History Nerdfest 2017 Day One: Fake news? Bad. Engaged, informed, knowledgeable citizens? Good.
In my world there are four major holidays:
- Independence Day
- The first four days of NCAA March Madness
- NCSS conference
Can you guess what today is?
Yup. One of the best days of the year. I’m sitting in downtown San Francisco on the first of three great days of learning and sharing at the National Social Studies Supervisors / National Council for the Social Studies conference. Lots of stuff going on over the next few days: sessions, House of Delegates, board meetings, and location-based learning.
The first session I get to attend is actually mine. We’re chatting today about training kids to use historical thinking skills to help them be stronger, more effective consumers of information. To be better online citizens. To view digital materials and social media as primary sources.
And we started with a great quote from Sam Wineburg:
The tools we’ve invented are handling us, not the other way around.
In his recent piece of research Evaluating Information: The Cornerstone of Civic Reasoning, Wineburg found that many students are unable to make sense of online sources.
So how should we respond? By training students to ask better questions, use their historical thinking skills, and practice better media literacy skills. I shared a simple but powerful six step process – based on the work of Wineburg and Mike Caulfield – that can help teachers prep their kids to have strong online civic literacy skills:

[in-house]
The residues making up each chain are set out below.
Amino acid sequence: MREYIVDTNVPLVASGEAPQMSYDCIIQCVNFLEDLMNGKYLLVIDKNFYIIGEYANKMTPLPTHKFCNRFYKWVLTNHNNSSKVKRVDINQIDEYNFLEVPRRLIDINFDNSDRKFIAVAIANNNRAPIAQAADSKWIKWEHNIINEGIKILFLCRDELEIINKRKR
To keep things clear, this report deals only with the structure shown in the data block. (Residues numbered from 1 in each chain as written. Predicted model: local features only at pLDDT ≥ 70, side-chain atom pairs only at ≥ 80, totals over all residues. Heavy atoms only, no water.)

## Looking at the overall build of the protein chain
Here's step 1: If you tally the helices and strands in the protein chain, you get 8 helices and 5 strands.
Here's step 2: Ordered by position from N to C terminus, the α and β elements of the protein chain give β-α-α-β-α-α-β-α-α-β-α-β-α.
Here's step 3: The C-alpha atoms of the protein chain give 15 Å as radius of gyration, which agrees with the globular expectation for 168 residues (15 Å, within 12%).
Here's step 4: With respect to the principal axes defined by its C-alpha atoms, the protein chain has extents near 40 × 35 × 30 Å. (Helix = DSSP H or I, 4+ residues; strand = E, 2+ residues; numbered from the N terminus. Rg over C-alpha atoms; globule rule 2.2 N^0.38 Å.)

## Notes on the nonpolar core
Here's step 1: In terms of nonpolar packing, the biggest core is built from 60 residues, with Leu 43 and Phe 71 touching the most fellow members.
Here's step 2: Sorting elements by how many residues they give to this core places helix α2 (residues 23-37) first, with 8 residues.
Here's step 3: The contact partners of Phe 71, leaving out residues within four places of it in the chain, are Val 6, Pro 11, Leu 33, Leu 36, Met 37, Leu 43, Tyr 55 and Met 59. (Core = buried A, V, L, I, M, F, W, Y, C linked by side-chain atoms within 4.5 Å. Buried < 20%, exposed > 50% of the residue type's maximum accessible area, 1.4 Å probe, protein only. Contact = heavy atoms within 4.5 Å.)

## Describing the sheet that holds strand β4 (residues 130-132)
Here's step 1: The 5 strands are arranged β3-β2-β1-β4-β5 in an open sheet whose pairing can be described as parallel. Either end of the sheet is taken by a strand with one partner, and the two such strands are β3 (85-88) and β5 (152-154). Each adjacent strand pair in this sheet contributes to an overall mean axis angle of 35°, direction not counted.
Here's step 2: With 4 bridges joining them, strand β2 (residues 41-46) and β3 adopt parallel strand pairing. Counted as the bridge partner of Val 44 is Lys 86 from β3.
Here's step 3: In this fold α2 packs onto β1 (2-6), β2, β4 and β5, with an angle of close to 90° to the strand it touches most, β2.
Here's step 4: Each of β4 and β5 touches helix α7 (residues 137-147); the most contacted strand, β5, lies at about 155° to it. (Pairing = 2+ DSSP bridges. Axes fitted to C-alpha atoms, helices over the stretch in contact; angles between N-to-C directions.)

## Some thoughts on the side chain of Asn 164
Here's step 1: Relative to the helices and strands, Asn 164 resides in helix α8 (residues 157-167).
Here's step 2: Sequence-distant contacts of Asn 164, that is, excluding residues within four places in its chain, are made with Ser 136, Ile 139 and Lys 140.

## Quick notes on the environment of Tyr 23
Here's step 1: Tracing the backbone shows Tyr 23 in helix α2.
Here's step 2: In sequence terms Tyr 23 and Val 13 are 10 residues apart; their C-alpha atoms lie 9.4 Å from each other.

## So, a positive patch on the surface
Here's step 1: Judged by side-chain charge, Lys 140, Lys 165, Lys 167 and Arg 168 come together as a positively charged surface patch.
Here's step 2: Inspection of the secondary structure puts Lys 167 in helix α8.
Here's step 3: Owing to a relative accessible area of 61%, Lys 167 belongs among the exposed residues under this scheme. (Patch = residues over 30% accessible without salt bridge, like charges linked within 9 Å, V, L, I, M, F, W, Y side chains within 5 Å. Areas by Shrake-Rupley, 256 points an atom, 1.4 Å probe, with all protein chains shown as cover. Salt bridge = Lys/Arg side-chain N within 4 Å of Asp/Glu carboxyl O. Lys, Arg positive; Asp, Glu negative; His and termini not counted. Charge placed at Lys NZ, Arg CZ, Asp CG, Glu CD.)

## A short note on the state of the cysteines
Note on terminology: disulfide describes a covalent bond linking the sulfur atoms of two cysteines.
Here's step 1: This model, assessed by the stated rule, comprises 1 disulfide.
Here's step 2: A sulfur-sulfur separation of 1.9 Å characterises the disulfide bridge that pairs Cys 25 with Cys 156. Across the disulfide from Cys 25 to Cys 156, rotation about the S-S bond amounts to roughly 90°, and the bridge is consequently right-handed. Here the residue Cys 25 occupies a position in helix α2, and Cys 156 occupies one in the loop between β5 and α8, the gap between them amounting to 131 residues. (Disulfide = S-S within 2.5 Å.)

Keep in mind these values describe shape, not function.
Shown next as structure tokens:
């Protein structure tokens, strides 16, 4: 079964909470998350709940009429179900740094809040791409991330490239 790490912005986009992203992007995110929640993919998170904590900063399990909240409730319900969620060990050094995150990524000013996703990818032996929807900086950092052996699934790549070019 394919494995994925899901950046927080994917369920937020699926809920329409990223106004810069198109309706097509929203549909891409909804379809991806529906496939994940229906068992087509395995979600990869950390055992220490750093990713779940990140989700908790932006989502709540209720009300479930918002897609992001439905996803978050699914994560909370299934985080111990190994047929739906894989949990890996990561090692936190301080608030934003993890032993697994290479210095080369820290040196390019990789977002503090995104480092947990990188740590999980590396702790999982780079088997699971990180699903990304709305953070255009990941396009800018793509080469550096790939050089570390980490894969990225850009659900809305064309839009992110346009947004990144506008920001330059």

We want kids to be good at:
- identifying their own confirmation & implicit bias
- knowing the difference between fake and biased news
- differentiating between different news sources
- using fact checking sites
- using effective search engine strategies
- internalizing the Stanford History Education Group’s thinking chart questions
- hunting down original images
- reading the web “laterally” by looking for author, links, and quotes
- taking action
And it seems like a lot of stuff. But these are the kind of skills that engaged and informed citizens need to make sense of what they see, hear, and read.
A couple of handy resources:
- Get a copy of handouts and my presentation at this Google Drive folder.
- The SHEG folks just updated their website as part of their #NCSS17 presentations to include a Civic Online Reasoning section. Be sure to check that out!
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